Director: Zack Snyder
Cast: Jackie Earle Haley, Billy Crudup, Matthew Goode, and Malin Åkerman
Have I Seen it Before: Yeah. I mean, I’ve read the comic book, so there’s not a lot that doesn’t cover both spheres of that particular venn diagram.
Did I Like It: Well… It’s not my least favorite Zack Snyder movie. It may even be my favorite Snyder film. But I’m quickly realizing that this doesn’t answer the question.
Here are some things I really like about Watchmen:
I’m eternally a sucker for alternate histories set in the 1980s. Ultimately, this is going to be granddaddy of that very niche genre.
I’m eternally a sucker for characters who can’t/won’t see time in a linear fashion. Billy Pilgrim, The Doctor, Doc Brown, Doctor Manhattan. They are all my kind of folks.
The Owlship is a neat vehicle unlike anything seen before or since in comicdom.
It’s always worth engaging in a story with no easy answers. Morally reprehensible characters have a point. Likable people make awful choices.
The costume choices made in the film subtly hints at the costume design of the Batman films in the 1990s. The armor Ozymandias (Matthew Goode) even has nipples.
Look at that, I eventually got to something I like about the film. There isn’t much there, sadly.
While reading Alan Moore and Dave Gibbons’ original Watchmen comic, I was struck by how good the work is. How comprehensive. How fully-realized. How dense, but in a good way.
And I remembered how much I didn’t think the movie lived up to that promise. However, now that the film has no sense of anticipation hover around it, it must have improved with age, no?
Sadly, no is right. I went for the Ultimate Cut in this viewing, rationalizing that perhaps with more of Moore and Gibbons’ work injected into the proceedings, things will have improved even more still. Not so, as Snyder’s insistence on transcription is only offset by some his truly baffling choices when he takes a swing at adaptation. Snyder probably shouldn’t shoulder all of the blame for the misfire, as Moore really intended for the work to be unadaptable and appears to have largely succeeded. It is entirely possible that there isn’t a cinematic version of this story that works. The forthcoming HBO series may or may not prove me wrong on that one
Also, I have a confession: I have never quite understood why Tales of The Black Freighter is such an essential part of the story in any format, beyond driving home the fact that in a world where superheroes were real, people would search for escapism in some other kind of story. Sure, there are some parallel qualities to the two stories, but beyond that it just added some depth to frames including Bernard (Jesse Reid). Now with all of the side story cut into the film, everything is just a longer and feels that way, with two feature-length movies fighting for screen time. Even the comic realized a little bit of Black Freighter goes a long way.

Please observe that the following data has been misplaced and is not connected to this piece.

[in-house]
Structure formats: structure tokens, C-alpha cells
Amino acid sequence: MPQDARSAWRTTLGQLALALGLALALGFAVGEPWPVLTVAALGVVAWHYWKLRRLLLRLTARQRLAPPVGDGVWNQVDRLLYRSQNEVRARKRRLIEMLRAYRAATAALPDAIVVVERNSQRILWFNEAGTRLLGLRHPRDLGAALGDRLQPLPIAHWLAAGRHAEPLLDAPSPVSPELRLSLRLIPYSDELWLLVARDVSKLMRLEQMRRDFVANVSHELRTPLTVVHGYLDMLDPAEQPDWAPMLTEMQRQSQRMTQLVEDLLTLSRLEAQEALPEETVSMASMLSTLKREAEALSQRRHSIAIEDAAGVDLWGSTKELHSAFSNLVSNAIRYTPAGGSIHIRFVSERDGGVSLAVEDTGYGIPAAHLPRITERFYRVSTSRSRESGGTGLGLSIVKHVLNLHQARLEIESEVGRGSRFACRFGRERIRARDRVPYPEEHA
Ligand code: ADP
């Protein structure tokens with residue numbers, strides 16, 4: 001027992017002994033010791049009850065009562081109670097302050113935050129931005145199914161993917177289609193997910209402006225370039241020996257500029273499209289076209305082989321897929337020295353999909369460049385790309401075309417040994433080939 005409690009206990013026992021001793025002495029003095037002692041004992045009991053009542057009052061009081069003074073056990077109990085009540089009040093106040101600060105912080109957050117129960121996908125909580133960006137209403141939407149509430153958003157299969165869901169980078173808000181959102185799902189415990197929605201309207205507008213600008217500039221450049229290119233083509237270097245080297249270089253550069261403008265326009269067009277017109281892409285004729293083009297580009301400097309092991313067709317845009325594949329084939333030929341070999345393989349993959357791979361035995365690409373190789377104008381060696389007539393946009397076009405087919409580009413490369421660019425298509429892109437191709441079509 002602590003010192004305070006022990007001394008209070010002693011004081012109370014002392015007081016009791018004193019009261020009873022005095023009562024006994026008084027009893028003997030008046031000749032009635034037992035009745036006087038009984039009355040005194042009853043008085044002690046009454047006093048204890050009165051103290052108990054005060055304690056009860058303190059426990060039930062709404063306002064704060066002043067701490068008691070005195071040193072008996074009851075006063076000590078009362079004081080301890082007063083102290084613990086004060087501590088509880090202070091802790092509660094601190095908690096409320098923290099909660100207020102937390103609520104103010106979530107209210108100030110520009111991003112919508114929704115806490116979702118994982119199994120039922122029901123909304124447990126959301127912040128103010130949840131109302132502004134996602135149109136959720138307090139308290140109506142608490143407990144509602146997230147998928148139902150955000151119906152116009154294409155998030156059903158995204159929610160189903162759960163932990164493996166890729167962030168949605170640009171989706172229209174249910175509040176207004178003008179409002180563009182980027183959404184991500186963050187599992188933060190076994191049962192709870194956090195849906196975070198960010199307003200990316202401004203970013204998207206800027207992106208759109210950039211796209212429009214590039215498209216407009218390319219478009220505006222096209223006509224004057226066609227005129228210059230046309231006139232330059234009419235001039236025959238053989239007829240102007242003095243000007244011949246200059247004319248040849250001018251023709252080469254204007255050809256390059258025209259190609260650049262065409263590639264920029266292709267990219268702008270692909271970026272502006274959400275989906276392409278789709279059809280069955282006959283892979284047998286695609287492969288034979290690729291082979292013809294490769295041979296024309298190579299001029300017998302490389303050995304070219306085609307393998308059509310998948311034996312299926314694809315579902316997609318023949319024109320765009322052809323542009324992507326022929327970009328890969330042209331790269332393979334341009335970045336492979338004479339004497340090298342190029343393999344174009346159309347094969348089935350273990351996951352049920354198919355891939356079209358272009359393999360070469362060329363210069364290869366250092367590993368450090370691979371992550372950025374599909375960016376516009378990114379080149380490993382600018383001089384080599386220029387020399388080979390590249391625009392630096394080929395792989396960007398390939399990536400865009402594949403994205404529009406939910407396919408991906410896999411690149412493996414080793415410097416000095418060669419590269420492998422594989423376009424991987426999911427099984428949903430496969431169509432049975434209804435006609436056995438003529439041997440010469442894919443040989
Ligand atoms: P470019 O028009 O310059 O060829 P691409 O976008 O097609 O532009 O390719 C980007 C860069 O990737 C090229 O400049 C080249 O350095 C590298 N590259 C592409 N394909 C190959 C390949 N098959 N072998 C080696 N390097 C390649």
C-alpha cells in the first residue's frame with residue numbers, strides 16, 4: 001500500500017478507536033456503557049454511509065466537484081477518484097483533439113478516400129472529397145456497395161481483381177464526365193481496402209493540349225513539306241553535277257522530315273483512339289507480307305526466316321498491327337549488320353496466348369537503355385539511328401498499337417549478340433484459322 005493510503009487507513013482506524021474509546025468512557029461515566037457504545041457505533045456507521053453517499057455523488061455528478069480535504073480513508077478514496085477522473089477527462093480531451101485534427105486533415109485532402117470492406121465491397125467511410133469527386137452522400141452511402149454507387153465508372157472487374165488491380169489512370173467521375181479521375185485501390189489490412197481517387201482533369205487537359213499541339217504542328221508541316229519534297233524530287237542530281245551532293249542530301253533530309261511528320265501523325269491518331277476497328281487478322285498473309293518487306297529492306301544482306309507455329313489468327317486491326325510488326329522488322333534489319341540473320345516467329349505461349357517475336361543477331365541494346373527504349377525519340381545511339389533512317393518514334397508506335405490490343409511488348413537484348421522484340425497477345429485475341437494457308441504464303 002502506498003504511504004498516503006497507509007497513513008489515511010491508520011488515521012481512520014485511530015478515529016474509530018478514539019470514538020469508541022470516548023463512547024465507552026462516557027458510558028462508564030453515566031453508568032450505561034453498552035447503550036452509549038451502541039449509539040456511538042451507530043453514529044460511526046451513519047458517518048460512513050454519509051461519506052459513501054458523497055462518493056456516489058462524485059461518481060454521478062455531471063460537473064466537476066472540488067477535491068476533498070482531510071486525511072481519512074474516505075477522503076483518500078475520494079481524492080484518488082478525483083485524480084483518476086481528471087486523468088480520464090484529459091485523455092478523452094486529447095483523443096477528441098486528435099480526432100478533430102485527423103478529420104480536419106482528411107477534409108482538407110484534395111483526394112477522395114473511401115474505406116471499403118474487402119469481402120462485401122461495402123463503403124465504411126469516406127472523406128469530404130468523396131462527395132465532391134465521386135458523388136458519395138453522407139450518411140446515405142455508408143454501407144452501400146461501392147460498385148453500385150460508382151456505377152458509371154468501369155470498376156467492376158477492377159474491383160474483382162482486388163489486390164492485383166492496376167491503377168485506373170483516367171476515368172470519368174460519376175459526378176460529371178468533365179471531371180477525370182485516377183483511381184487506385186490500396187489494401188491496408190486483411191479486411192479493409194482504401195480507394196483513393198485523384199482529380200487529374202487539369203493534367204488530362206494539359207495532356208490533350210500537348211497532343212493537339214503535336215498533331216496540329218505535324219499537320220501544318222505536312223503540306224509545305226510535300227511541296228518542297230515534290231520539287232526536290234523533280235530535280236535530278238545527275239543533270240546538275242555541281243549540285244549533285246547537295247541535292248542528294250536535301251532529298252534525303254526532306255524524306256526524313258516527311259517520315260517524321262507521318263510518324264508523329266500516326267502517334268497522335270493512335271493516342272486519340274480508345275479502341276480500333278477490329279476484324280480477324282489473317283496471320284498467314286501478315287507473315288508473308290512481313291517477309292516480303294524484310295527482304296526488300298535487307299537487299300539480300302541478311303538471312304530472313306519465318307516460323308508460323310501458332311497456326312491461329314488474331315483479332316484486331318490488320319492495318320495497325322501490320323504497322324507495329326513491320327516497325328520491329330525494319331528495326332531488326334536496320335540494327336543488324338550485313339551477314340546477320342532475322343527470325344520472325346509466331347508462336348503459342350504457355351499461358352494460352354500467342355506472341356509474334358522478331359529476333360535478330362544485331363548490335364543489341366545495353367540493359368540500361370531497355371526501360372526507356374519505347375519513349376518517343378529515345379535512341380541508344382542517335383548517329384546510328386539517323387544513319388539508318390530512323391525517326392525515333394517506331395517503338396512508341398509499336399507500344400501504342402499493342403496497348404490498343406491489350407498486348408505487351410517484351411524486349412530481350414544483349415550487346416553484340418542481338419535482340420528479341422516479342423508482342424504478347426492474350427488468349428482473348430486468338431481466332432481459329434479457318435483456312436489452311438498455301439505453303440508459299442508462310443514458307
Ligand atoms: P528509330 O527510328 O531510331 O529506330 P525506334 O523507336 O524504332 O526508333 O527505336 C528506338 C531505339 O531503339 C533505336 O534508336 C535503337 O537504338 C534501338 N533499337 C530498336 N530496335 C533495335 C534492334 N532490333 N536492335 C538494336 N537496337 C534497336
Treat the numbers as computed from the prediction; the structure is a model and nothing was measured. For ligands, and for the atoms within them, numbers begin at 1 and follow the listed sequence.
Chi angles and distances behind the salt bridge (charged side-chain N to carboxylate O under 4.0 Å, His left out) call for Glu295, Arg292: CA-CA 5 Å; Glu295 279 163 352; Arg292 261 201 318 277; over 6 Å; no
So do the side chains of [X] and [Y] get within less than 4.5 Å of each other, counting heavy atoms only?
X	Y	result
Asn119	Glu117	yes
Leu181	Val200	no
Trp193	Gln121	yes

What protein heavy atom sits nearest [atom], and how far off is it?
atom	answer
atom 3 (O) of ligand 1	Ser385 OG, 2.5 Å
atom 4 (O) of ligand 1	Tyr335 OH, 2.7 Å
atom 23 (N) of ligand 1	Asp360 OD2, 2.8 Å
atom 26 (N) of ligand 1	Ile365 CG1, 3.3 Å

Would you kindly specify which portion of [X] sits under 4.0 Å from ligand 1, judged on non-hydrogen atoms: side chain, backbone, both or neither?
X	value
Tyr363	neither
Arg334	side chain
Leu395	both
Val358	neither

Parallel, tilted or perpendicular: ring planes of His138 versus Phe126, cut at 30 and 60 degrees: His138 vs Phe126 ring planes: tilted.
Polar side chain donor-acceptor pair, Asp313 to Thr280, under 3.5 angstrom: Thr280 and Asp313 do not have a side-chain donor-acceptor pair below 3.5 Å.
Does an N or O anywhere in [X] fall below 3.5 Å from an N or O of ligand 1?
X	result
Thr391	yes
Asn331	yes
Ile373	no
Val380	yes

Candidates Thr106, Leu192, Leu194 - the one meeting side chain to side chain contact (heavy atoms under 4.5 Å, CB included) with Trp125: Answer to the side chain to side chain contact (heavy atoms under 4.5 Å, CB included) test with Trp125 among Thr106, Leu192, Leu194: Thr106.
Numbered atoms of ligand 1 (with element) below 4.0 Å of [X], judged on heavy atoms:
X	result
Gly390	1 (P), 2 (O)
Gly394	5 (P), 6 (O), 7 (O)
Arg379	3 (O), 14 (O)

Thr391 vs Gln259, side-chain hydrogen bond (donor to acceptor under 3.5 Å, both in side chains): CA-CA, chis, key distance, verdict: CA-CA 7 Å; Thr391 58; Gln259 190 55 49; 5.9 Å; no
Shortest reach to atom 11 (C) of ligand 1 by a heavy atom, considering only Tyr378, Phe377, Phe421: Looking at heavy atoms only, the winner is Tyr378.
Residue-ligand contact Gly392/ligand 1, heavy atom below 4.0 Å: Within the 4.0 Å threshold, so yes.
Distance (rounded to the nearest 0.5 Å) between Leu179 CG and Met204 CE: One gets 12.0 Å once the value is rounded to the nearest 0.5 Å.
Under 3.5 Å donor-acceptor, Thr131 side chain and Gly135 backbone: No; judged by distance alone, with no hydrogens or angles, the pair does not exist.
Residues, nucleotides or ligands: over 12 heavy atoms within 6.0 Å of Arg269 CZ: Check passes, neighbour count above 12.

I’ve never seen a filmmaker who so wildly veers between tone deaf musical choices, and cues that are way too on the nose. In one of his better sequences—incidentally, the one where there is the most adaptation over transcription—over the montage opening credits, Bob Dylan’s “The Times They Are a-Changin’” pins the tail right on the donkey. On the other end of things, Wagner blaring over the conclusion of the Vietnam War makes me feel like I’ve seen this movie before, because I have. The less said about Leonard Cohen’s “Hallelujah” over the Owlship sex scene, the better off we all are*. I’m not sure why “99 Luftballoons” or “The Sound of Silence” are in this movie, other than they are both catchy and at least one of them would have gotten some serious FM play in 1985.
The cast is all over the place, sadly. Haley does yeoman’s work holding the movie together as what turns out to be the protagonist. Jeffery Dean Morgan—a good actor—is so earnest in every scene he inhabits that the earlier moral ghoulishness never comes across. Billy Crudup is supposed to be sleepwalking through the film, but I can’t quite figure out why everyone else decided to do the same thing.
Snyder may be a good director, but until he makes a film that isn’t irritating at its core, I’m not sure anyone is going to believe it.
*Okay, you want to talk about it? I challenge you to find a more awkward, uncomfortable sex scene in a movie. I don’t want to sound like a prude, but I just got embarrassed with its wanton earnestness. The comic book didn’t have that, I assure you.